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Attis v. Solow Realty Development Co.

November 14, 2007


The opinion of the court was delivered by: Jed S. Rakoff, U.S.D.J.


On February 9, 2007, plaintiff, a former employee at defendant Solow Realty Development Co. ("Solow Realty") filed this disability discrimination claim under the Americans with Disabilities Act ("ADA"), 42 U.S.C. § 12101 et seq., the New York State Human Rights Law ("NYSHRL"), N.Y. Exec. Law § 290 et seq. (McKinney 2007), and the New York City Human Rights Law ("NYCHRL"), New York City, N.Y., Code § 8-101 et seq. Following discovery, defendants Solow Realty, Sheldon Solow (the President and founder of Solow Realty), Steven Cherniak and Jennifer Bier moved for summary judgment on all claims. Subsequently, plaintiff voluntarily withdrew her claims against two of the four defendants, Steven Cherniak and Jennifer Bier. For the reasons stated below, the motion of the remaining defendants, Solow Realty and Sheldon Solow, is granted in part and denied in part.

The relevant facts, either undisputed or, where disputed, taken in plaintiff's favor, are as follows:

Plaintiff was hired by Solow Realty as its Chief Administrative Officer in November, 2005. Defendants' Rule 56.1 Statement ("D. 56.1") ¶ 33; Plaintiff's Rule 56.1 Counter Statement ("P. 56.1") ¶ 7.

In that capacity, plaintiff had ultimate responsibility for all of Solow Realty's human resources functions. D. 56.1 ¶ 36; P. 56.1 ¶ 8.

Plaintiff, whose parents and two sisters died in a house fire when plaintiff was 14 years old, had for years suffered from recurrent depression, but not to the point where it had substantially limited her job performance or other life activities. D. 56.1 ¶ 14-15, 24-32; P. 56.1 ¶ 4, 6. However, on June 5, 2006, plaintiff's brother died from heart failure as a result of a cocaine overdose, D. 56.1 ¶ 55; P. 56.1 ¶ 21, upon which plaintiff suffered severe depression, stopped eating, and lost approximately 20 pounds. See Affidavit of Seth M. Kaplan ("Kaplan Aff.") dated August 17, 2007, Exhibit A at 280:20-281:13. Plaintiff's work performance was also affected, and between June 5 and June 23, she worked only six days.*fn1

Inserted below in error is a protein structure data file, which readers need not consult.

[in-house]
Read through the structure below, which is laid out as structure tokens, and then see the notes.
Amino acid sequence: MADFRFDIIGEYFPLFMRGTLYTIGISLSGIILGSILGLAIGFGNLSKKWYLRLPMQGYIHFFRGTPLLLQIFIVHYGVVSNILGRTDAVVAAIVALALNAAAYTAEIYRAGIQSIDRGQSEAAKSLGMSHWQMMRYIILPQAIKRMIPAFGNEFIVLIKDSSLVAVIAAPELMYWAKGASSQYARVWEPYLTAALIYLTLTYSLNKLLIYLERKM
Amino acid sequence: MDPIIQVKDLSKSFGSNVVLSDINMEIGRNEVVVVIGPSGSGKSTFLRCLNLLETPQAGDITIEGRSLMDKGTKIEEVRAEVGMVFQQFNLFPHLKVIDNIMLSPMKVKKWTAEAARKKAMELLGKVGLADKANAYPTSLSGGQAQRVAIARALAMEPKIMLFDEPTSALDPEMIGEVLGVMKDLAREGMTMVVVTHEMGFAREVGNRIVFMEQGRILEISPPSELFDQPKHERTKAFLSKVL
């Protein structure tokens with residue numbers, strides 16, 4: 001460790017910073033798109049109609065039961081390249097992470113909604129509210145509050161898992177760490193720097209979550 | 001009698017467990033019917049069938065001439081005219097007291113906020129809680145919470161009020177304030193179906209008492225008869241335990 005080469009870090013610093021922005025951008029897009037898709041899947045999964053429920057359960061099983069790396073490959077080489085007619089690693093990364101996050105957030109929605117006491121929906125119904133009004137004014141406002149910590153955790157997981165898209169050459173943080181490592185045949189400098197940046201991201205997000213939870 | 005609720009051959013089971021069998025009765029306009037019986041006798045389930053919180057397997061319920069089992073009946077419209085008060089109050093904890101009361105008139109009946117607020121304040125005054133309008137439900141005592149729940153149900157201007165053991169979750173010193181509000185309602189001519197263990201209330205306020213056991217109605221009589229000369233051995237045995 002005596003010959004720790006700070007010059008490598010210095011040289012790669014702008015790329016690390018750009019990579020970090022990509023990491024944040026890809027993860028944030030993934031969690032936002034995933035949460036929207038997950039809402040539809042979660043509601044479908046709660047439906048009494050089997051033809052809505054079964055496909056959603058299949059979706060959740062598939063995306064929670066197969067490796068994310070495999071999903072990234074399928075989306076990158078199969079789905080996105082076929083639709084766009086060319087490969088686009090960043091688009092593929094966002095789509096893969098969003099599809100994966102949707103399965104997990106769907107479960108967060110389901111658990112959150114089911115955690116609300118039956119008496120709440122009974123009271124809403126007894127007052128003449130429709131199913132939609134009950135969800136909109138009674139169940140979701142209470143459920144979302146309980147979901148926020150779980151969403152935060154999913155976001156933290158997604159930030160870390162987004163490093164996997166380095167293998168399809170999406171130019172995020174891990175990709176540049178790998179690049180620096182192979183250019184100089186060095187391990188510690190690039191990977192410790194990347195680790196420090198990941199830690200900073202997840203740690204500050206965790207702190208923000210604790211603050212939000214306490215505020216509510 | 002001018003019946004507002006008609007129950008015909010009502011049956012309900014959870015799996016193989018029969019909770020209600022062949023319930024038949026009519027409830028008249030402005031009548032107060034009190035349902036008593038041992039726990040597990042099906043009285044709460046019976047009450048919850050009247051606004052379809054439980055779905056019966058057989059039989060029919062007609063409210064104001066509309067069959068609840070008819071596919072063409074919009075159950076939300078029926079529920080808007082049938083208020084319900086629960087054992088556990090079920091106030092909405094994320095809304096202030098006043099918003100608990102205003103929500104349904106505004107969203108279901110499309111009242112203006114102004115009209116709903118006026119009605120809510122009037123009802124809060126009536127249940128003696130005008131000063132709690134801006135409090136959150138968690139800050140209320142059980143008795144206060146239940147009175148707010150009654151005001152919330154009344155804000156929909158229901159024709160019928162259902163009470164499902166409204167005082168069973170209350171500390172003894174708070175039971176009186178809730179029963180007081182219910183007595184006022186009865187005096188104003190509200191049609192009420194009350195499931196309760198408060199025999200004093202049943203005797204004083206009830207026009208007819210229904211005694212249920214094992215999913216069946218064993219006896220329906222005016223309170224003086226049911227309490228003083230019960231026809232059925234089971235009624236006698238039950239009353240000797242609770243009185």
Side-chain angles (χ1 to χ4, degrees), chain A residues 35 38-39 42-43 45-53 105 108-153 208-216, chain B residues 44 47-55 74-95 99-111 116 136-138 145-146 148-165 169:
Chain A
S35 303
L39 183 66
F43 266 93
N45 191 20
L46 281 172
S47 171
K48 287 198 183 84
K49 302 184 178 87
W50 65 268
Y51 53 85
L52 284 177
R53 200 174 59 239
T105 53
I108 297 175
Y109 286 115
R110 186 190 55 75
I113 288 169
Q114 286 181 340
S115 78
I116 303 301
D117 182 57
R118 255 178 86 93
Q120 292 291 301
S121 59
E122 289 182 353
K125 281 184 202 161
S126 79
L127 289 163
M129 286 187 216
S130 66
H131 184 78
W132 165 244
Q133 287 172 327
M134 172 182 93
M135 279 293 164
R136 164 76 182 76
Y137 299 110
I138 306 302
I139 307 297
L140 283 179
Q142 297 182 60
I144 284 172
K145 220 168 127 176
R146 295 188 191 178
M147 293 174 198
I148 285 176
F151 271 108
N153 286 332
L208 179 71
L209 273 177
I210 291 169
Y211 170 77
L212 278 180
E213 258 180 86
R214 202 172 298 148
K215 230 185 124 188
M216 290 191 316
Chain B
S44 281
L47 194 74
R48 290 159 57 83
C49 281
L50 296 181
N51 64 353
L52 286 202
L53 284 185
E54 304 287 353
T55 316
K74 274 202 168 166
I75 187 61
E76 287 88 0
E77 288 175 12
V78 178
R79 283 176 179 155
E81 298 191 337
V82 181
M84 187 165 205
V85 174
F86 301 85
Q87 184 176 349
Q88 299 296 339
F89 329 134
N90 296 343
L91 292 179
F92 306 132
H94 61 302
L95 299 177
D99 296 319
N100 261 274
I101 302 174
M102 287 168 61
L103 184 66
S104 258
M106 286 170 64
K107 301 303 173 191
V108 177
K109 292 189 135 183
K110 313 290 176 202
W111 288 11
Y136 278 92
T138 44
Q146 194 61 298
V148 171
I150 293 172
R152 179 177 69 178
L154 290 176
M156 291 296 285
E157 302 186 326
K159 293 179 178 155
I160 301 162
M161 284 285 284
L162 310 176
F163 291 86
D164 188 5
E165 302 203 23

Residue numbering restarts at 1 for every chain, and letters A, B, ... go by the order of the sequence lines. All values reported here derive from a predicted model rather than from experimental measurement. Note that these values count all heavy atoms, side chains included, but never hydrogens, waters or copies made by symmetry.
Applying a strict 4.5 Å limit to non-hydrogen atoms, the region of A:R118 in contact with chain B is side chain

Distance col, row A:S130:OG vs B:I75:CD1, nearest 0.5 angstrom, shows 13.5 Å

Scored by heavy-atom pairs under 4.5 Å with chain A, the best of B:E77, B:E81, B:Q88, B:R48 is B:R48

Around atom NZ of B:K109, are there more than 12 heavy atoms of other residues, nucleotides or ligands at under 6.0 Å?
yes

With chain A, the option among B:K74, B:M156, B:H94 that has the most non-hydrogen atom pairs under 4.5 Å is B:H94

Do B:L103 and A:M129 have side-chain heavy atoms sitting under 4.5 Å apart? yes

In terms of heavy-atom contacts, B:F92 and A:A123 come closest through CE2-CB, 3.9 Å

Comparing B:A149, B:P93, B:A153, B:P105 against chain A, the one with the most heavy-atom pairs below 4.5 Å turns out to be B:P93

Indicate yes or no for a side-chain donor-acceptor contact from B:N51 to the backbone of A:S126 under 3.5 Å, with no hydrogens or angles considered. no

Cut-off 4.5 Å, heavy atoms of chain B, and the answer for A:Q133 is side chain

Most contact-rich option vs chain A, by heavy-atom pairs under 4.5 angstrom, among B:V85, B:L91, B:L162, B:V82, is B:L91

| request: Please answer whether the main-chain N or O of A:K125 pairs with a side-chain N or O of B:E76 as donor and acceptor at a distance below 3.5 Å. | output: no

See Declaration of Kelly Ibrahim dated August 15, 2007, ¶ 9 and Exhibit B.

On June 23, 2006, plaintiff was back at work when she suffered an emotional breakdown. D. 56.1 ¶ 70; P. 56.1 ¶ 27. Jennifer Bier, who was executive assistant to Sheldon Solow, called plaintiff's psychiatrist and told her plaintiff was having a breakdown. Kaplan Aff., Exhibit A at 277:6-22. Although plaintiff then left work to see her psychiatrist, she was told by Solow that she needed to take time off and that her job was safe. Kaplan Aff., Exhibit A at 290:5- 21. This message was repeated over the course of the next few weeks when plaintiff sought to return to work. P. 56.1 ¶ 16, 26. Among other things, Bier, Solow's administrative assistant, told plaintiff that plaintiff needed to go into a hospital to get treatment, that her job was secure, and that Solow only wanted her to get better. Id. at 282:20-283:7.

On July 6, 2006, plaintiff voluntarily checked herself into Columbia Presbyterian Hospital to seek treatment for depression. D.

56.1 ¶ 72-73; P. 56.1 ¶ 29. She spoke to Bier after checking into the hospital and asked if it was okay that she was there. Bier said that it was. Declaration of Thomas Ricotta ("Ricotta Decl.") dated August 31, 2007, Exhibit A at 296:24-297:25; Kaplan Aff., Exhibit A at 298:2. However, plaintiff received little or no treatment at Columbia Presbyterian and accordingly, after four days, she voluntarily checked herself out. D. 56.1 ¶ 72-73; P. 56.1 ¶ 29.

After leaving Columbia Presbyterian, plaintiff spoke to Bier and told her that she was not doing any better, that she was having thoughts of suicide, and that she had regained only a few pounds. However, she said she was ready to come back to work. Bier told plaintiff that Solow wanted her to gain more than a few pounds and that he wanted her to get the help she needed. See Kaplan Aff., Exhibit A at 306:8-308:18. Plaintiff also spoke with Solow directly, who told her that he was most concerned about her health and that she should not worry about her job. Id. at 309:13-310:8.

On or about July 16, 2007, plaintiff called Bier to let her know that she was considering voluntarily checking herself into Four Winds Hospital ("Four Winds"). See Ricotta Decl., Exhibit A at 312:9-12. She asked Bier if she should check into the hospital or just return to work. Bier responded that plaintiff had no choice because Solow would not take her back until she had been to a hospital and had gotten the treatment she needed. Id. at 313:2-20. Accordingly, on July 17, 2006, plaintiff voluntarily checked herself into Four Winds.

D. 56.1 ¶ 78; P. 56.1 ¶ 29.

The very next day, however, defendants apparently changed their minds, because Bier, on or about July 18, 2006, told plaintiff that the company needed her back that day, and that if she could not return to work she would be replaced. D. 56.1 ¶ 81; P. 56.1 ¶ 31. Plaintiff told Bier that she could not come into work because she was in the hospital and would probably not be out for another 10 days. See Kaplan Aff., Exhibit A at 326:20-23, ...

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